by Chris Tobin
Waimate has taken a hit with two of its most popular public events cancelled due to Covid-19, but Mayor Craig Rowley says the town is booming, with people even shifting from Auckland to live there.
“I’ve spoken to two to three families in recent weeks who have shifted to Waimate from Auckland,” Mr Rowley said.
“They’re in the 35 to 45 age group.
“We’re seeing quite a lift in people from elsewhere in the country seeing us as a destination. People are looking to shift to have more balance in their lives.”
Waimate real estate agent Ruth Burke said with Covid-19 there had been a greater awareness among people in big cities of what was on offer in provincial New Zealand.
“I’ve sold a few to people from Auckland and had some down this week looking at properties.”
However, interest had been shown from all around the country, not just Auckland.
The incentive for these people was the chance to retire early without a mortgage and the opportunity to buy a lifestyle block with cash to spare, she said.
“It went nuts when we could get out [after lockdown].”
In the month to July 20, 24 properties sold in the district.
Waimate had a large number of listings this time last year but fewer were coming forward now as people waited to see where Covid-19 could go, which was part of a nationwide trend.
At present, sought-after Waimate properties were being sold within days of hitting the market.
Mr Rowley said three new business premises had opened in the town over the past six months. These included a new bakery in the former ANZ bank building on the corner of High and Queen Sts, which has been remodelled by businessman Gary Rooney.
Mr Rooney’s company, Rooney Holdings, built and opened a new medical centre in the main street, Queen St, and redeveloped the Waimate Hotel, just over the road from the ANZ building, last year.
His company planned other main-street developments and has bought the old Quinn’s Arcade.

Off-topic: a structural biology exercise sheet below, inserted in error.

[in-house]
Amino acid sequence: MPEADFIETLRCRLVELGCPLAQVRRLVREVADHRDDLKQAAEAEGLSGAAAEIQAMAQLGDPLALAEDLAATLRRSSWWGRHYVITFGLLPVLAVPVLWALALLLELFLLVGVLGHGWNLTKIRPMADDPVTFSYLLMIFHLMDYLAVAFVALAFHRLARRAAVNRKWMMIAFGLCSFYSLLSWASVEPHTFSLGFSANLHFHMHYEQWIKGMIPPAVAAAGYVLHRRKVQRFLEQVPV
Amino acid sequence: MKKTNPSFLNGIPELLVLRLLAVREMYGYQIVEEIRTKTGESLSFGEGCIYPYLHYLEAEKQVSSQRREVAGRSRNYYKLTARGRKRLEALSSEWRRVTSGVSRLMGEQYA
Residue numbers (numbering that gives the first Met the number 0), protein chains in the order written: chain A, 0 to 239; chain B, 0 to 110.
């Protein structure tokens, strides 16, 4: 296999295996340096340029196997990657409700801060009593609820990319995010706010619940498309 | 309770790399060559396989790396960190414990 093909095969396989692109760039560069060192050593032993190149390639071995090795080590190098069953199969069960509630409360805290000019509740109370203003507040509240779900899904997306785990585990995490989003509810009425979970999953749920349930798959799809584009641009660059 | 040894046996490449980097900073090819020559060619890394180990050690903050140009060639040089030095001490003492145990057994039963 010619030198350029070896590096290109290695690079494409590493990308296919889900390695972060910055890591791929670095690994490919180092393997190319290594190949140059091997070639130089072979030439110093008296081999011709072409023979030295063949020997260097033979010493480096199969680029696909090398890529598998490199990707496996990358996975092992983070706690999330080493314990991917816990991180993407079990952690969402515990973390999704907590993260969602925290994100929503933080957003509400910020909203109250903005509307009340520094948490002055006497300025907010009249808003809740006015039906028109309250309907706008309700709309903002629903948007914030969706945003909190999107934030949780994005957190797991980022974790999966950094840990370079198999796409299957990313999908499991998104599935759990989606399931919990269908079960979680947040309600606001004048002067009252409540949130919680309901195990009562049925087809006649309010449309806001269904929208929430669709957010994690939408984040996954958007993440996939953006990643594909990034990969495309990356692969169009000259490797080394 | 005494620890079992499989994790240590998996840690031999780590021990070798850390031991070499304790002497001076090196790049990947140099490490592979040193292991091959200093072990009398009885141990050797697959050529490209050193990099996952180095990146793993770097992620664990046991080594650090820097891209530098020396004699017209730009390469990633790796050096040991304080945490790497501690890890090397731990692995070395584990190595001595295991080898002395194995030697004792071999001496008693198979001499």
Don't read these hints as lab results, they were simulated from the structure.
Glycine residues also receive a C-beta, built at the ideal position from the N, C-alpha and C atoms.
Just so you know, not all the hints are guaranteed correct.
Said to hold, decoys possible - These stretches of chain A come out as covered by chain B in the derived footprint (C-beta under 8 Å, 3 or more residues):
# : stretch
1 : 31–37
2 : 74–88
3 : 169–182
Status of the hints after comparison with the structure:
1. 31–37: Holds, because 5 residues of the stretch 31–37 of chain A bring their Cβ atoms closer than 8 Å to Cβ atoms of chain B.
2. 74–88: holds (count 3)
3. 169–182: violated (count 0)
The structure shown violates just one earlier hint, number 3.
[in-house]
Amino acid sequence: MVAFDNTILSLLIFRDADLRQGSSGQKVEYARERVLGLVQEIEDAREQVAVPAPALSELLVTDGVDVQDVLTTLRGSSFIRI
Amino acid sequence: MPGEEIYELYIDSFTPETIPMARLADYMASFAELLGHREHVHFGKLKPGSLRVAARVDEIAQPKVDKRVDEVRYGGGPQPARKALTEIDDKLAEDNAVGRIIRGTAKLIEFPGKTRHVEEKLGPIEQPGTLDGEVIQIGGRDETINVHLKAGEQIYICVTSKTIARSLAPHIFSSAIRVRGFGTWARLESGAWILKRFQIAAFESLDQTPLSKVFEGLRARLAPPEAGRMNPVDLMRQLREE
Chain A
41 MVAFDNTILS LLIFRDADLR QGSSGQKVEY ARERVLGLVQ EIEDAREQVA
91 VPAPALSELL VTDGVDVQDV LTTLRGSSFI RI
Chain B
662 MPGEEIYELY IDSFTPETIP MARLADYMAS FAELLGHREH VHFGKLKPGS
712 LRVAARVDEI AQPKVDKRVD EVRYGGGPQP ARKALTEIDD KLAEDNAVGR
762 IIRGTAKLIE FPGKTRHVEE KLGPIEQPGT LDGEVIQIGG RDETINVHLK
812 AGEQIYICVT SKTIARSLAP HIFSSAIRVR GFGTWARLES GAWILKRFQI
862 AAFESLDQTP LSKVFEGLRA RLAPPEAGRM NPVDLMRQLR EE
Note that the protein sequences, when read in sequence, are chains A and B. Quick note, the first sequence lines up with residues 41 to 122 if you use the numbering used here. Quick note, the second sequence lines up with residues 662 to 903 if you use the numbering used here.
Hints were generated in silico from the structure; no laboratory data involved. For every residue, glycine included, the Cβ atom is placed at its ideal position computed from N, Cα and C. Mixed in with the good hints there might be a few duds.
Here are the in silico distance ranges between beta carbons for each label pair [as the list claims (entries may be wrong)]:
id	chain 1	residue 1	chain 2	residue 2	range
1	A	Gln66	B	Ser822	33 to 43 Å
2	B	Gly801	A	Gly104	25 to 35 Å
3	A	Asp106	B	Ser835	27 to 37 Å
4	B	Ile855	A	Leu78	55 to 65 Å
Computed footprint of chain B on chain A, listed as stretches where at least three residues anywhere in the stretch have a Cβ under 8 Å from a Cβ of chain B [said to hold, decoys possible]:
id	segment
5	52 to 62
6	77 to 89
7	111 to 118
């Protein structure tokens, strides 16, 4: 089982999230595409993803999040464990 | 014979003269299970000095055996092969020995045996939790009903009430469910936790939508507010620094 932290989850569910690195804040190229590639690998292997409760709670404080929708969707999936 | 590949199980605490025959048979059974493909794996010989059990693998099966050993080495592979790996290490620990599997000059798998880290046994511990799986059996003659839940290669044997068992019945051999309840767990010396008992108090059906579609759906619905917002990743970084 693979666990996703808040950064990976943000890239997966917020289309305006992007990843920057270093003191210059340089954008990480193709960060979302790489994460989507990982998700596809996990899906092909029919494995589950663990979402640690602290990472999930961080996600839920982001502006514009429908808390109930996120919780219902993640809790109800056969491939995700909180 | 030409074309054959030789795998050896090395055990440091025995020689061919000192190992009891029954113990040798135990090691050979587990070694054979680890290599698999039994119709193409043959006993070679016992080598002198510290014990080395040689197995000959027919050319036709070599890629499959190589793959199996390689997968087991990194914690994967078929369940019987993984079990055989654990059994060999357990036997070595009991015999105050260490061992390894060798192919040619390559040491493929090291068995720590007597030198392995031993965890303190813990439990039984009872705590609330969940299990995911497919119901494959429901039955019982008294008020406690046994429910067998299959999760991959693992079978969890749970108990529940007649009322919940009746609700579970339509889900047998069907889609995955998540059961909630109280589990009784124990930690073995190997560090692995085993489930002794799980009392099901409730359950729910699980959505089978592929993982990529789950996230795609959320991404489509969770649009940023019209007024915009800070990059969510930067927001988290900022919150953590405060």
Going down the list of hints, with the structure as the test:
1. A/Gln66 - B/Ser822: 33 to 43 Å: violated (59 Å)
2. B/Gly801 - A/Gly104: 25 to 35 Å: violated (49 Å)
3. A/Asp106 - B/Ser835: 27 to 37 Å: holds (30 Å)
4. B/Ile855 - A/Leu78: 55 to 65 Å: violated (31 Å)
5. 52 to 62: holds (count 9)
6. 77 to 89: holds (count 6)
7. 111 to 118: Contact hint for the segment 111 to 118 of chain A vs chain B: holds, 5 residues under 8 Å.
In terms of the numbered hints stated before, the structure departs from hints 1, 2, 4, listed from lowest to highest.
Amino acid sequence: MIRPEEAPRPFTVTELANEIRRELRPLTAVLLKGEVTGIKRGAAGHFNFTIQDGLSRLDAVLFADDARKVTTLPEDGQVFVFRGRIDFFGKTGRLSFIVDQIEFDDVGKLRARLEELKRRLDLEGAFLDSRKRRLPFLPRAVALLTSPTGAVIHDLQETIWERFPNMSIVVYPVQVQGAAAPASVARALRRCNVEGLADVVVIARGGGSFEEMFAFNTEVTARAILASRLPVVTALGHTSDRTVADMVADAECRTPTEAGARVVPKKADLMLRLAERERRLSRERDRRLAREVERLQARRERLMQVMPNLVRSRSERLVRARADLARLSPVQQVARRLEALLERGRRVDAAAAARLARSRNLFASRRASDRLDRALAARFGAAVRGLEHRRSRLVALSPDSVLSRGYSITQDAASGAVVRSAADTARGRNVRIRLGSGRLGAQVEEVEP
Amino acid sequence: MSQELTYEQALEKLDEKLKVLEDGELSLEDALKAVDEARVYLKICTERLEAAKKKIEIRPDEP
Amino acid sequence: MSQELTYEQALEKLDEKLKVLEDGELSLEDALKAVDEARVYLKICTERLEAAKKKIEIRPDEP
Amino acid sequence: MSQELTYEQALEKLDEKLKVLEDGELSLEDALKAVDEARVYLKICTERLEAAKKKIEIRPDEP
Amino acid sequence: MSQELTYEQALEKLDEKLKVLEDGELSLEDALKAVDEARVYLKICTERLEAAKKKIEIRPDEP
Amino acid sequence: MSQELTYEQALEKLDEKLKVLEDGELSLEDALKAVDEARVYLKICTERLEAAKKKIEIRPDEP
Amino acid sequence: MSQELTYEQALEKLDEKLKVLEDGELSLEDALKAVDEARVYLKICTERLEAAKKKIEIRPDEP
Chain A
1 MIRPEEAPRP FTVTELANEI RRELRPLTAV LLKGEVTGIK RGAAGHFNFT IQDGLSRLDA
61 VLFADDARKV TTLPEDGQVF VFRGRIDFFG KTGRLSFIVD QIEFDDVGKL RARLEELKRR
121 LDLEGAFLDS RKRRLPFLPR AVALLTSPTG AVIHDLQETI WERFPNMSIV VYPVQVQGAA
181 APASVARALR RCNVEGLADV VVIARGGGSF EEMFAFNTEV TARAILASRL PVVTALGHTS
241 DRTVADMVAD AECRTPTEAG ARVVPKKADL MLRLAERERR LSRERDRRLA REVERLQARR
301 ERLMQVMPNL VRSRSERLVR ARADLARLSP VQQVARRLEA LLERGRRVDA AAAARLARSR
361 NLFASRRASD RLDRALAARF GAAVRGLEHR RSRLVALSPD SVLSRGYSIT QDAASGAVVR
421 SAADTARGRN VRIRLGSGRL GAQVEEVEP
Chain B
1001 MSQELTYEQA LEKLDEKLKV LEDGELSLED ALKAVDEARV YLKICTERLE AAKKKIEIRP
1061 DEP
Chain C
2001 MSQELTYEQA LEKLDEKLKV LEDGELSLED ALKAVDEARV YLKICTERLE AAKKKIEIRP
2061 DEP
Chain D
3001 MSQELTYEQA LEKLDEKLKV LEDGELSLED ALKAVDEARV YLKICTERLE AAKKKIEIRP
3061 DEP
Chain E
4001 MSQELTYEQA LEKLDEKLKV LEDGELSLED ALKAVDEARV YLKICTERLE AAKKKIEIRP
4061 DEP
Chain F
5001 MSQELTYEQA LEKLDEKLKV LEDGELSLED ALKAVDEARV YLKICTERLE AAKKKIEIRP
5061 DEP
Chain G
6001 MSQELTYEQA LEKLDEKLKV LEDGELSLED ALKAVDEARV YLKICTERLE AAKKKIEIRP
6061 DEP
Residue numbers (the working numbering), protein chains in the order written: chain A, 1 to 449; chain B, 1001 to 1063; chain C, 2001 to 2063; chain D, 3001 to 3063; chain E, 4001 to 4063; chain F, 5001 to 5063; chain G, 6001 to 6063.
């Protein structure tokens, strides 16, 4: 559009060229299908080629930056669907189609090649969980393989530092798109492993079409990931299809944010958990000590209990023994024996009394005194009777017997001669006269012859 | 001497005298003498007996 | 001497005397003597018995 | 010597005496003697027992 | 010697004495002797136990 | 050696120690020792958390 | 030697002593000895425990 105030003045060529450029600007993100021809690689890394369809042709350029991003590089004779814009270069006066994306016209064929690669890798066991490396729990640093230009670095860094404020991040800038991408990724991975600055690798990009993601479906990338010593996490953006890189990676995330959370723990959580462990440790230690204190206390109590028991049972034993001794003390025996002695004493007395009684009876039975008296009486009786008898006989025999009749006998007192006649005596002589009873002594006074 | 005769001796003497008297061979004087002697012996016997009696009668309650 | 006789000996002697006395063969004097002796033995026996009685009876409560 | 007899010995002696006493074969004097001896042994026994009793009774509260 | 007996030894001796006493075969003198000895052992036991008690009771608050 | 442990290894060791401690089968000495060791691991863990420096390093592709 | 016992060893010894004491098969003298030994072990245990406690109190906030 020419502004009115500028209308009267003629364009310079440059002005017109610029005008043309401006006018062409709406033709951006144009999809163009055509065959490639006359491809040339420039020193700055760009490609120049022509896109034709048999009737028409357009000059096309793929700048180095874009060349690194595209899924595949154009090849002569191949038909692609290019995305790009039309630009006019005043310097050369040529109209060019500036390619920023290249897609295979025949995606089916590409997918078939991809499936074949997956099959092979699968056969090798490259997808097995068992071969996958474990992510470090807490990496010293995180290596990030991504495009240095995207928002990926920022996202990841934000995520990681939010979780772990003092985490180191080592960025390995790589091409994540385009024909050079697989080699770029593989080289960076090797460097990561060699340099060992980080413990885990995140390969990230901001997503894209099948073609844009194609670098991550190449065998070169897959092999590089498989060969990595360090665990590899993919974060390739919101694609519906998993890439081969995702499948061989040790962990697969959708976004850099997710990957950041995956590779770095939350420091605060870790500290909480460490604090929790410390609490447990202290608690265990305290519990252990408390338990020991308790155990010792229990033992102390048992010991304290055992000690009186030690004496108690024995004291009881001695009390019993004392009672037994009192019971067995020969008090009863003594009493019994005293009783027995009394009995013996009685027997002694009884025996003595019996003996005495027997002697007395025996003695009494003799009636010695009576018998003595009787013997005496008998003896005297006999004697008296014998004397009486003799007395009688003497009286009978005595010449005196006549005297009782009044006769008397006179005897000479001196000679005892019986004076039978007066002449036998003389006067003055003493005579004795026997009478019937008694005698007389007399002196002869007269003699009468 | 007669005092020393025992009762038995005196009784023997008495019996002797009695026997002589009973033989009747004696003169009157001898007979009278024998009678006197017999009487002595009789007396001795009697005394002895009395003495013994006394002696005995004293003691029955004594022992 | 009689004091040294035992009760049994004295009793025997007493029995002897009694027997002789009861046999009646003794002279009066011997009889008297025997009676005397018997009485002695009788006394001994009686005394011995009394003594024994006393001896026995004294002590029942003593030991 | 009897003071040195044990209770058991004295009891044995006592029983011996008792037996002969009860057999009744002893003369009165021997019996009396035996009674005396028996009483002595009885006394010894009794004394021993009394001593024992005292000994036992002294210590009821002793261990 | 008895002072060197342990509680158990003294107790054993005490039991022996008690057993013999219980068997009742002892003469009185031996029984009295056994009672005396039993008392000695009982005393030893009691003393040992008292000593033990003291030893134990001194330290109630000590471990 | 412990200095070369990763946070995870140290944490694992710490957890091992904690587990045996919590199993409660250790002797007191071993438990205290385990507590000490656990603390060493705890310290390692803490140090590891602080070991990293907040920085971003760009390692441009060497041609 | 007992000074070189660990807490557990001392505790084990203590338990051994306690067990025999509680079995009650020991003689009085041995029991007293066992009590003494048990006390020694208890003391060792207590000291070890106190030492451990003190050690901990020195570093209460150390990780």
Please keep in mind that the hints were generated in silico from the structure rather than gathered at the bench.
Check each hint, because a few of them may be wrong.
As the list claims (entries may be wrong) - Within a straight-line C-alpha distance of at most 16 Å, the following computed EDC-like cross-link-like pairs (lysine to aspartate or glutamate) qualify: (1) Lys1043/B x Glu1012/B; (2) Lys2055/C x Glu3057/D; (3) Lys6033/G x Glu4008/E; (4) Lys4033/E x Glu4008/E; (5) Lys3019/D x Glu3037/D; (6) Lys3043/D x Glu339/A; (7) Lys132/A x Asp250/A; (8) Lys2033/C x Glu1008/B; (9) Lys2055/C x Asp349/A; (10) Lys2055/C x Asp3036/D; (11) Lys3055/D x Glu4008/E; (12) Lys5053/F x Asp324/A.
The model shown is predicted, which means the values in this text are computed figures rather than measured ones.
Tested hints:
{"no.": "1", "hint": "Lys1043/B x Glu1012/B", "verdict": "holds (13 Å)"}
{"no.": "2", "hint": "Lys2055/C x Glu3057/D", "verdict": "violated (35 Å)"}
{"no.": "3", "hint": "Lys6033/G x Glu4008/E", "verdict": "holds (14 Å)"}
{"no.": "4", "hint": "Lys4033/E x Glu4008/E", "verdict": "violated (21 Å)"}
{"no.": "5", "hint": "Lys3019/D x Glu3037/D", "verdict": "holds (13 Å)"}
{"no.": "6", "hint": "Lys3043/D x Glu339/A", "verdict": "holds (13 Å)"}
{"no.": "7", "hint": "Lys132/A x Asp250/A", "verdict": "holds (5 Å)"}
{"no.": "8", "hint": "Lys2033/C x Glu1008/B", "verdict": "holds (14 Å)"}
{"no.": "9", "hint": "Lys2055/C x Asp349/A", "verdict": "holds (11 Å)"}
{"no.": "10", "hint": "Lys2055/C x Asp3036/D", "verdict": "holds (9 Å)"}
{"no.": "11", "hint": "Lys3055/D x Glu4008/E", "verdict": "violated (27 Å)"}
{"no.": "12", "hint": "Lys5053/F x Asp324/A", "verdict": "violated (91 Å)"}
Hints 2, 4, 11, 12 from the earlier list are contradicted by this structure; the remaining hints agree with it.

“With the new Waimate hotel, a lot of people are coming into Waimate,” Mr Rowley said.
“It’s just fantastic. There’s a revitalisation in the town.”
He understood why organisers of both the Waimate 50 and Strawberry Fare cancelled this year’s events.
“It’s very disappointing that they cannot proceed, but we’ve still got the AP show and other events.”
On August 18, organisers of the 2020 Waimate 50 Motorsport Festival, which was scheduled for Labour Weekend, October 26-27, and was expected to bring an estimated $1million into Waimate and surrounding areas, said it had been cancelled due to Covid-19 “and the associated uncertainty that we are all facing at this time”.
“We will look towards re-emerging in 2021 when the world has hopefully sorted itself out,” they said on their Facebook page.
Last week the organisers of the annual Strawberry Fare, due to be held on December 12, decided to cancel.
“After a review of the consequences of a change in Covid alert levels immediately leading up to the fare, it was clear the impact of a forced cancellation could have a far-reaching impact on the organisation’s finances,” fare chairwoman Joy McIvor said.
“We are an independent not-for-profit organisation run by volunteers. By focusing on the future viability of the event, we believe we are acting in the best interest of all stakeholders.”
Waimate’s other big late-year event, the Waimate Shears, starts tomorrow and runs through to Sunday. Organisers said cancellation of the New Zealand Merino Shears in Alexandra and the New Zealand Agricultural Show in Christchurch because of Covid-19 restrictions had given the event added significance and strong entries had been received.
With the Christchurch show cancelled, the New Zealand Corriedale Shearing and Woolhandling Championships will go ahead at the Marble Point Station woolshed near Hanmer Springs.latest Nike releaseMens Flynit Trainers